31 Jul I Believe
Believe. (verb) Accept that something is true, especially without proof.
In my home country of Trinidad, Omavi Langevine’s ongoing battle with Acute Myeloid Leukemia has been quite public partially due to his status as an influential emerging figure in the spoken word world (equal parts writer, rapper, singer, photographer and poet) but also as a result of his transparency about his journey. My knowledge of this journey started with an incredibly painful, viral, coming out piece that he wrote earlier this year.
It’s the 12th of July, and I’m on a full work blackout in Thailand and Omavi DMs me. His growing gofundme campaign for treatment in Cuba is frozen, and he desperately needs money to continue his fight. He is pulling together his artiste friends and producing a benefit concert, and he wants me to do the artwork. Having been following his journey for a while, it was an immediate yes.
He told me the name of the concert was ‘I Believe’. During my questioning, this part of his voice note stood out to me.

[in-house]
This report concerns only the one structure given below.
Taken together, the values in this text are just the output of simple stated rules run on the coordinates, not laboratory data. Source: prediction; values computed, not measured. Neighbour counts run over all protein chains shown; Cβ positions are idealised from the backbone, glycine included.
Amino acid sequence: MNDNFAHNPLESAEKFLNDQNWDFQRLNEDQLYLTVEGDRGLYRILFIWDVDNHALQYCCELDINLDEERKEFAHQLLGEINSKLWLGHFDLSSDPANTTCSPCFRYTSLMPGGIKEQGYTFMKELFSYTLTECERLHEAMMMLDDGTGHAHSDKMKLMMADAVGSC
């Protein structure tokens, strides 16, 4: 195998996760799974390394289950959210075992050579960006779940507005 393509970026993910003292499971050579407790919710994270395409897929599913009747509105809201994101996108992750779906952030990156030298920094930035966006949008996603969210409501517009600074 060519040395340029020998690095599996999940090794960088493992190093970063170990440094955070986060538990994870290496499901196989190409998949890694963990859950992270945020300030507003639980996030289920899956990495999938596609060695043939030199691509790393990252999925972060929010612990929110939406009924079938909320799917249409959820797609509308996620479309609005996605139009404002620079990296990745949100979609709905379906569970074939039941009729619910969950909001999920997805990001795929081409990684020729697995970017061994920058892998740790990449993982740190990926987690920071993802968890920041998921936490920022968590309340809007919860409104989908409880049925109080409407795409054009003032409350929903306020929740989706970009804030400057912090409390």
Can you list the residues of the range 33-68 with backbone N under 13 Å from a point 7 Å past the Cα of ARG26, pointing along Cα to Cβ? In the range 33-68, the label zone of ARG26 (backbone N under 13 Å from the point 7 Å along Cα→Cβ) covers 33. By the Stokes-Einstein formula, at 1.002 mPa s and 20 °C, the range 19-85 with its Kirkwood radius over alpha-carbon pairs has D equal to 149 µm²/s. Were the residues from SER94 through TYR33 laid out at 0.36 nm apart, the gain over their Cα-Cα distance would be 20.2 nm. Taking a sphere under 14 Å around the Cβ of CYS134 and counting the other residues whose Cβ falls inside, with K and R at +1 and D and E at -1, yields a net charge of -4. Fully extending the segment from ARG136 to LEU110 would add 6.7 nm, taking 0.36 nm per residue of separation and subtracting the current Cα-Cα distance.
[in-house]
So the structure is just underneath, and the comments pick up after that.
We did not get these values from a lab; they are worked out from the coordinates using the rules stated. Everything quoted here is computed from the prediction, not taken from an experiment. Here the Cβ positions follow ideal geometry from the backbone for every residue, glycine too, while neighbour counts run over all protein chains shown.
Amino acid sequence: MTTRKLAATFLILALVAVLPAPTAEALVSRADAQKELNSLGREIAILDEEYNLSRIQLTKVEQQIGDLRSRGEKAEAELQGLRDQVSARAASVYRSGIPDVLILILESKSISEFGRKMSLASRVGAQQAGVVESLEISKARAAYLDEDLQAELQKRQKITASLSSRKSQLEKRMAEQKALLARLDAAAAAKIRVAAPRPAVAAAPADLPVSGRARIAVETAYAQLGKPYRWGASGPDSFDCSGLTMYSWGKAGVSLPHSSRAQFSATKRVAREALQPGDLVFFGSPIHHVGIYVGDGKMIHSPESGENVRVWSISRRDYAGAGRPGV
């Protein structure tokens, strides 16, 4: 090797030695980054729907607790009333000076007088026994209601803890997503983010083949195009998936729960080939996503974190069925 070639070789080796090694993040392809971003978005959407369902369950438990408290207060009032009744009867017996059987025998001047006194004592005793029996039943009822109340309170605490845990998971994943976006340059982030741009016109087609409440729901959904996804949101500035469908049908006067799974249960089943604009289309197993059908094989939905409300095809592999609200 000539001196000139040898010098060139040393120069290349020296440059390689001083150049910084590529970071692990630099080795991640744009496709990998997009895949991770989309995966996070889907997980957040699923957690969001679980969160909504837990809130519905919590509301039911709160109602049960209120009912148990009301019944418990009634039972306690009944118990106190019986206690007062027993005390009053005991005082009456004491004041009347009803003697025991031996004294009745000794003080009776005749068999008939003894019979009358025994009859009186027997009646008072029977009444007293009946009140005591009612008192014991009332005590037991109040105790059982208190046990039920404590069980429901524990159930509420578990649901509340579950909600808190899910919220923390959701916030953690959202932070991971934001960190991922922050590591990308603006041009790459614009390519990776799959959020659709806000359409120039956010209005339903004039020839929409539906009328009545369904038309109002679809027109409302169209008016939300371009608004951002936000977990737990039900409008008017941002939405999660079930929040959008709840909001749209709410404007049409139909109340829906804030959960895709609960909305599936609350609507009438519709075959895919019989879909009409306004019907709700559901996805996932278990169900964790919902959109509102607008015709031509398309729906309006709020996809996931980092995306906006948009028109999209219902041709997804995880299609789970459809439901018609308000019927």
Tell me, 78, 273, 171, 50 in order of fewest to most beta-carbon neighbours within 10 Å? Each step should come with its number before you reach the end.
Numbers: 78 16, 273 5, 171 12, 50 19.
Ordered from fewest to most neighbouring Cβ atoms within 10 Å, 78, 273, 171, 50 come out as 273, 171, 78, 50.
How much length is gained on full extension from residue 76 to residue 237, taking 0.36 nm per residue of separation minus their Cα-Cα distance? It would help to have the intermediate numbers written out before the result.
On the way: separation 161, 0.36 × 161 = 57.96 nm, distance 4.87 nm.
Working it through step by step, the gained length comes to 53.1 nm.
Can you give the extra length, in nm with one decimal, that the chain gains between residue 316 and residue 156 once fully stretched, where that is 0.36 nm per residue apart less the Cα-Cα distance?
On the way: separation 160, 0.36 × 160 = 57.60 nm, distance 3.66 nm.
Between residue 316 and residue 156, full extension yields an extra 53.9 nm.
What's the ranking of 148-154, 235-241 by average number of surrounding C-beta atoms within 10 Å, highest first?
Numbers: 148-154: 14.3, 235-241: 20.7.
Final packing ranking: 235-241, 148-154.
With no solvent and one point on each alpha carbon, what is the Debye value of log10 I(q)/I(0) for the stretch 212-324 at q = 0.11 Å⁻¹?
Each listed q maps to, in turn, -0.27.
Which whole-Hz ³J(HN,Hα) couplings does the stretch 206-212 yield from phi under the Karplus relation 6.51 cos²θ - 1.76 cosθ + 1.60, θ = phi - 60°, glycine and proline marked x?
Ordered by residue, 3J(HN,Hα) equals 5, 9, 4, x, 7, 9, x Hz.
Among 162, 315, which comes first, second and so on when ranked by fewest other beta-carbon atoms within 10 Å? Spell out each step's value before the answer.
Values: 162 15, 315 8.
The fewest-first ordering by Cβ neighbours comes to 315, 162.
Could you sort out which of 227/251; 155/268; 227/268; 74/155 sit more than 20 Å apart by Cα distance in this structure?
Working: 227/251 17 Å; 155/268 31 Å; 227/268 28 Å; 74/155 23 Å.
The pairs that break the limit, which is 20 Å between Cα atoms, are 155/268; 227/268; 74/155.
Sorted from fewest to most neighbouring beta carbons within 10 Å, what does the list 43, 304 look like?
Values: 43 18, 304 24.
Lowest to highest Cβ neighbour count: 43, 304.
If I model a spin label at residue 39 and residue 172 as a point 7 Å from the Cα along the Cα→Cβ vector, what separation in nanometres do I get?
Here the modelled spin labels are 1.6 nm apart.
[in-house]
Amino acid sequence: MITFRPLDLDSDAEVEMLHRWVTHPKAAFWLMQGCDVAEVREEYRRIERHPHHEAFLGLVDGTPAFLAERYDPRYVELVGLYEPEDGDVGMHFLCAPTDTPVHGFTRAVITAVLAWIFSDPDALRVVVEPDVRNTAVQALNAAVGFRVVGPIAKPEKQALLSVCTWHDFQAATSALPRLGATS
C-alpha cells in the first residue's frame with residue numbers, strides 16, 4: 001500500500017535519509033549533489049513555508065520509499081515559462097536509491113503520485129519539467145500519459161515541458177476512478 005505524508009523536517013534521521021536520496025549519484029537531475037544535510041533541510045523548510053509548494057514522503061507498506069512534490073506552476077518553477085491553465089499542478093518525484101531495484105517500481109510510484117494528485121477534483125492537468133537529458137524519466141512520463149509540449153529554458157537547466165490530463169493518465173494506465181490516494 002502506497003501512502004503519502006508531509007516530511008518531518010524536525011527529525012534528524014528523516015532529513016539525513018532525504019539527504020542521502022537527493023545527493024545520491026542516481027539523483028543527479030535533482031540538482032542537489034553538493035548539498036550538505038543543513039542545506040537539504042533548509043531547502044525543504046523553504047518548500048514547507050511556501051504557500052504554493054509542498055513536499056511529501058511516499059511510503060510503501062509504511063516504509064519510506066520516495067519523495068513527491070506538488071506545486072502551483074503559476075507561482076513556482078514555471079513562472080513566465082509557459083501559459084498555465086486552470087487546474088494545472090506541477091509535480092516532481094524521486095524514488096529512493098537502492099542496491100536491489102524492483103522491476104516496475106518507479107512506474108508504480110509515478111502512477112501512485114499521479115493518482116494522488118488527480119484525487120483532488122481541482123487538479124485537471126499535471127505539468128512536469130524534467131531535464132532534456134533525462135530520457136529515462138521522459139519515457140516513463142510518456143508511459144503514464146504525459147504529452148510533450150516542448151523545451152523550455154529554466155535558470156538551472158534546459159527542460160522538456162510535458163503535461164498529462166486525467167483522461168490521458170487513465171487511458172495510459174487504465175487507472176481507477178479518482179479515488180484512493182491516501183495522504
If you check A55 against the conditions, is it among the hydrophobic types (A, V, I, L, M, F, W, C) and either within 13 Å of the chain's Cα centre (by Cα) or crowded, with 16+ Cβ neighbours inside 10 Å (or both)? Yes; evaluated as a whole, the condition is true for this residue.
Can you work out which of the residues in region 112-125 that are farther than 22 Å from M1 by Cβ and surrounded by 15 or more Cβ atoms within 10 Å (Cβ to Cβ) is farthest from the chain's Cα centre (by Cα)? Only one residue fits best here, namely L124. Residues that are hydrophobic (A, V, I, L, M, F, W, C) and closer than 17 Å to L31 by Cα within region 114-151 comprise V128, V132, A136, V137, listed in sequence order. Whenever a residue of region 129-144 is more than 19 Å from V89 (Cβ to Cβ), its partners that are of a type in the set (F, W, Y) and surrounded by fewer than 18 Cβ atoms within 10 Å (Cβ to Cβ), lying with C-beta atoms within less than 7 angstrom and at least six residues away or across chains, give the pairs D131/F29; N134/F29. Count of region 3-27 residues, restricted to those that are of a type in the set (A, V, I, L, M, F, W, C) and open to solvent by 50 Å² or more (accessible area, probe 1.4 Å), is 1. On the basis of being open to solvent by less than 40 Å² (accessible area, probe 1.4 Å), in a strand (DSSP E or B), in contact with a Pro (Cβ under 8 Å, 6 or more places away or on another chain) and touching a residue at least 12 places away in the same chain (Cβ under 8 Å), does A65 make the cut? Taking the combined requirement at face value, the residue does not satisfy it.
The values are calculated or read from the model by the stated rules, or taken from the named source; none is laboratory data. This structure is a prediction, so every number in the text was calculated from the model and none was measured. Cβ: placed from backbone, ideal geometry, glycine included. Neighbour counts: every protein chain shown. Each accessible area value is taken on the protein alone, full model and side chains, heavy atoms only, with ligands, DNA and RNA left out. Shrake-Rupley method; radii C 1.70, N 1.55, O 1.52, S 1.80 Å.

“…I have a lot of cognitive dissonance, not with the diagnosis but with the prognosis because the case is so rare. It’s very hard to hold belief right through. To me, it is almost humanly impossible to be positive 24/7.”
It wreaks havoc on your body but somehow never manages to kill the beautiful human inside.
I immediately see the image in my mind. I know what Leukaemia looks like, I spent all of 2018 standing alongside my good friend Natasha in her battle with the same dreaded disease. My idea was to capture that. It wreaks havoc on your body but somehow never manages to kill the beautiful human inside, and if that person is strong and hopeful, maybe, I can capture that also.
I’ve worked with Jamaican photographer Marlon James before, he never really creates pretty pictures but captures the gritty beauty just below the surface. I tell him the story, give him the brief, show him images, have our meetings, and taxi him to south Trinidad to Omavi’s place that neither of us have ever seen (all via whatsapp).
The resulting imagery is everything I hoped for. Starkly powerful, intentionally peering deep into Omavi’s soul. Even Chemo cannot kill this handsome, hopeful body. You see, my friend Natasha didn’t make it, but I BELIEVE Omavi will.
This blog is dedicated to ‘Tash.